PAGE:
Free political prisoners in Burma--now!

2015-12-08-1449546943-6805257-AE63F028E8044867A966D84F026988DC_w640_r1_s.jpg President Thein Sein, left, greets opposition leader Aung San Suu Kyi after recent elections in Myanmar, also known as Burma. (Ministry of Information) It would be easy to assume that things are rosy in Burma now that democracy leader Aung San Suu Kyi and her party have won a sweeping victory in national elections.

But there is some unfinished business.

At least 112 political prisoners are still being held in prison.

That includes 10 journalists whose only crime was printing something that the military-backed government didn't like.

Some 486 protesters also are awaiting trial, including more than 60 students who tried to demonstrate peacefully for a more open and accountable education system. The students face prison terms of up to nine and a half years.

Keep in mind that the country's main Insein Prison is notorious worldwide for filthy and inhumane conditions. Political prisoners often are locked into dank "dog cells." The cells are only about 10 feet in length and seven feet wide. They are windowless and soundproof -- screams and moans do not escape. The dog cells usually have no sanitation, no bed and no mats on the floor unless a family member manages to bribe one in. Food usually is a thin vegetable soup with dubious ingredients. Water? Foul stuff guaranteed to lead to dysentery. Medical care? Nothing worthy of the name.

To further isolate the political prisoners from their families and colleagues, they are often sent to far-off prisons that are part of a sprawling prison gulag. The prison system includes some 42 prisons and more than 50 labor camps.

Four reporters and the CEO of the Unity Weekly journal currently are serving seven years at hard labor. Hard labor usually means back-breaking work, sometimes in shackles. Their crime? They reported in a front-page expose in 2014 about the alleged production of chemical weapons in a military facility. The case brought attention to the fact that Burma, renamed Myanmar by generals, had not ratified the Chemical Weapons Convention. The military-backed government finally ratified the agreement over the summer. But the journalists who raised questions about suspected production of chemical weapons are still languishing in prison.

A new report by the PEN American Center, a group that advocates for freedom of expression, has brought a much-needed focus to the risky climate for the media in Burma. The report found that while much of the blanket censorship of previous decades has been lifted, arrests and restrictive practices still chill expression. Journalists are routinely threatened, arrested, sued and fined by the government that is dominated by generals and former generals.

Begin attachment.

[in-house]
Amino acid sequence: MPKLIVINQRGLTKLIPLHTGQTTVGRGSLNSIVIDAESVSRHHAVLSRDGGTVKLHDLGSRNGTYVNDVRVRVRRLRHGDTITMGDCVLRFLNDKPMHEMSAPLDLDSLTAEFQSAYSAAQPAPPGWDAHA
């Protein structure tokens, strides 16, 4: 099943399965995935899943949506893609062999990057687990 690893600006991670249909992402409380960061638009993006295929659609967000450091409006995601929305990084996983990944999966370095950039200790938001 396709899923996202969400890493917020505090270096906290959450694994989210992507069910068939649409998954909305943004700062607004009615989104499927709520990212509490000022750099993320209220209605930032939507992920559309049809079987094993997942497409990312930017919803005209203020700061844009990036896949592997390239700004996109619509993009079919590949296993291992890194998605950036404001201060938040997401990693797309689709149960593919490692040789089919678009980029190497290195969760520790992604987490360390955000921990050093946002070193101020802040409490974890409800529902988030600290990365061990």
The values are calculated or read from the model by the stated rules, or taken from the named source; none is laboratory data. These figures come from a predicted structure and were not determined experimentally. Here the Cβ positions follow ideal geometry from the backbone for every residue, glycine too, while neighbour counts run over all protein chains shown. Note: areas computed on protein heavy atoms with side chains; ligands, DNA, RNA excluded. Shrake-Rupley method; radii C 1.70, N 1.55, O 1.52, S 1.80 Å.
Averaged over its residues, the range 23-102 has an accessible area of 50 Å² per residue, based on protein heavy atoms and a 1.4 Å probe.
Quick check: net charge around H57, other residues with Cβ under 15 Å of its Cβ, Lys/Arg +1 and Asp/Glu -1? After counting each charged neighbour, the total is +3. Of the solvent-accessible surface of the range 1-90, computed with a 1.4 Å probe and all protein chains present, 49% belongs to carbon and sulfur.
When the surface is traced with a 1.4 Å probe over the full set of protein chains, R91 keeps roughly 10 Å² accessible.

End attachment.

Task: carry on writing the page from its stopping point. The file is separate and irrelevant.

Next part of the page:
Since 2014, a free-lancer has been beaten and shot to death after photographing government fighting with ethnic armies. A columnist was jailed for saying at a literary festival that religious discrimination was contrary to the compassionate tenets of Buddhism. A young woman was arrested for posting a mocking comment on Facebook about new Army uniforms. As Aung San Suu Kyi's National League for Democracy prepares to assume new power in Parliament next year, it should insist the out-going government of President Thein Sein release all political prisoners. When Thein Sein -- a former general -- assumed office in 2011, censorship of the media was reduced and more latitude was allowed for private publications. Thein Sein subsequently made a pledge in London in July 2013 to release all of Burma's political prisoners by the end of the year.

However, the release of all political prisoners has not occurred -- and more have been arrested in the run-up to the recent national elections.

It's time for President Thein Sein to keep his London pledge. He should immediately and unconditionally release all political prisoners and journalists -- as well as those detainees facing charges for protests. Thein Sein has congratulated Aung San Suu Kyi on her victory and promised to cooperate in a smooth transition to a new government. That should include ending the kind of harassment of the media that has increased on his watch - like filing lawsuits against publications that report on government corruption. Thein Sein's Ministry of Information even filed a lawsuit against the Eleven Media company for reporting on the government's trial against them.

Burma currently is ranked 144th out of 180 countries in the Reporters Without Borders 2015 world press freedom index. The Committee to Protect Journalists still ranks Burma as one of the Ten Most Censored Countries in the World.

Burma's journey to democracy is far from complete. Allowing people to say and write what they think about decisions going forward will help ensure that progress continues.

Rena Pederson, a former speechwriter at the U.S. Department of State, is the author of "The Burma Spring: Aung San Suu Kyi and the New Struggle for the Soul of a Nation."

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